Great Inventions . . .

The HeliCoil, invented by a smart German in the aeronautics industry, allowed the use of lightweight components (aluminum) to be used in engines.  The ability to meet torque specifications in aluminum with a corrosive resistant thread (stainless).  HeliCoils get a bad reputation because installers don't follow directions.
1. Use the proper drill size and tap
2. Always break off the drive tang
3. Finish with the new HeliCoil just below the surface
4. Use Loc-Tite (as recommended)
5. Never remove fastener when engine is hot (ie: spark plugs,
timing plugs, engine covers, etc . . . )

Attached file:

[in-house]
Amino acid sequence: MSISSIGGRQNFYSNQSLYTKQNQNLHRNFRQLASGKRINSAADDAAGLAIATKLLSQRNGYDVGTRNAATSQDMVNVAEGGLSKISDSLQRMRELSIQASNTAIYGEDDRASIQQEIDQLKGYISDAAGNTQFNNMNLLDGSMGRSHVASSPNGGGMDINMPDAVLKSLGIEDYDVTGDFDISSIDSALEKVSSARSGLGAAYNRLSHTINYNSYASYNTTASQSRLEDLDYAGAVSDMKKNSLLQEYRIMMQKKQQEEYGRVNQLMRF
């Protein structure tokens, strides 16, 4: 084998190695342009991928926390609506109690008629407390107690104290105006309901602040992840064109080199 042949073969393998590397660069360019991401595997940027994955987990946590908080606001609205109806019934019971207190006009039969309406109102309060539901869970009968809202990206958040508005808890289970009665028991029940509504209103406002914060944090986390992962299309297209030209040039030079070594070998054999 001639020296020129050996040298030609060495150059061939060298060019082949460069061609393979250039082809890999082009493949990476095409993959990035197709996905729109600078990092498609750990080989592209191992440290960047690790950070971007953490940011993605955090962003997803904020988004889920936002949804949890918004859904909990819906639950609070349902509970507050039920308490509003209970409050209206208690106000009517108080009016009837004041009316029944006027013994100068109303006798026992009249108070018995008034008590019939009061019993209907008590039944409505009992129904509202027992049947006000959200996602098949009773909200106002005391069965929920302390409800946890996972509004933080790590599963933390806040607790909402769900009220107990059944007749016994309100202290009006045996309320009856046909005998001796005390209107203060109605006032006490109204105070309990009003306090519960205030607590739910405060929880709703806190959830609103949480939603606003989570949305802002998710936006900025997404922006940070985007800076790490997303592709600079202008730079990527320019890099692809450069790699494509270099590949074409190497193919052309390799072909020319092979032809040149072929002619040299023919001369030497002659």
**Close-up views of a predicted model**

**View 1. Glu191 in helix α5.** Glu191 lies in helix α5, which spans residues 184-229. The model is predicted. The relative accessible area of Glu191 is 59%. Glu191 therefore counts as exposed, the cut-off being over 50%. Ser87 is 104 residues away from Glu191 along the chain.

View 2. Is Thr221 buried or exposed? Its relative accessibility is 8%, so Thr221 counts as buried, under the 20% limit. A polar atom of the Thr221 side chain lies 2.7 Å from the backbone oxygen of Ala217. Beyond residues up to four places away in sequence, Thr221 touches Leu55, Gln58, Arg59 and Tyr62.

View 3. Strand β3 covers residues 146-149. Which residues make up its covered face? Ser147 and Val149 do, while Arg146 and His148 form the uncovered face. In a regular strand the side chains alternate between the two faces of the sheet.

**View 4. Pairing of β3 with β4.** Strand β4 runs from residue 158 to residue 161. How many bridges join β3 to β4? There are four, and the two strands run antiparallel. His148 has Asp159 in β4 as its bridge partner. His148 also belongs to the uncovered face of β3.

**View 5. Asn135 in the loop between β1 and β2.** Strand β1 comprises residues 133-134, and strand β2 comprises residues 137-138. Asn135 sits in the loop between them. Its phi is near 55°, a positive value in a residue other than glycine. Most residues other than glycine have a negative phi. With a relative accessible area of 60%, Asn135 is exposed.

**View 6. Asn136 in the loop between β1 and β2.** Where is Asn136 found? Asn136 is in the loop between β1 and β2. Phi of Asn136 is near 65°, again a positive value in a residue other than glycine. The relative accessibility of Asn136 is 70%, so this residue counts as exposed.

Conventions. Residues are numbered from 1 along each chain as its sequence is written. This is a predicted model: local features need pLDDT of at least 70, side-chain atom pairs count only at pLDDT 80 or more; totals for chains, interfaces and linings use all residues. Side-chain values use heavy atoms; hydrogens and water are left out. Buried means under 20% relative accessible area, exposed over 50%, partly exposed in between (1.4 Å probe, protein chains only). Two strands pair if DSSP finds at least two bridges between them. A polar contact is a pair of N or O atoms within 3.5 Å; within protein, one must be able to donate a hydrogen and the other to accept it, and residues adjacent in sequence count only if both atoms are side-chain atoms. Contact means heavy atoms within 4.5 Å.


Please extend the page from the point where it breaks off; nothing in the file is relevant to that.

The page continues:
6. Readily available
HeliCoils are an effective (and very cost effective) fix to stripped threads.  Yes, there are many other products that you can argue are equal or better, IF installed correctly.  Most other inserts require a hole so large, that if it ever comes out - you are really screwed . . . (pun intended)
If I met this German in a hall, I'd buy him Weihenstephaner.


62 Ironhead said...

Hi Noot,

Agree Helicoils were a great invention and I have also tried the Keenserts as well. Gotta say fitting a helicoil is far easier in a tight area.

Here is a link to site which shows the installation method for a helical and also keenserts.



WhitelinePsycho said...

My '69 Bonnie was full of them in the end and they worked like magic, the factory shoulda used them from day one.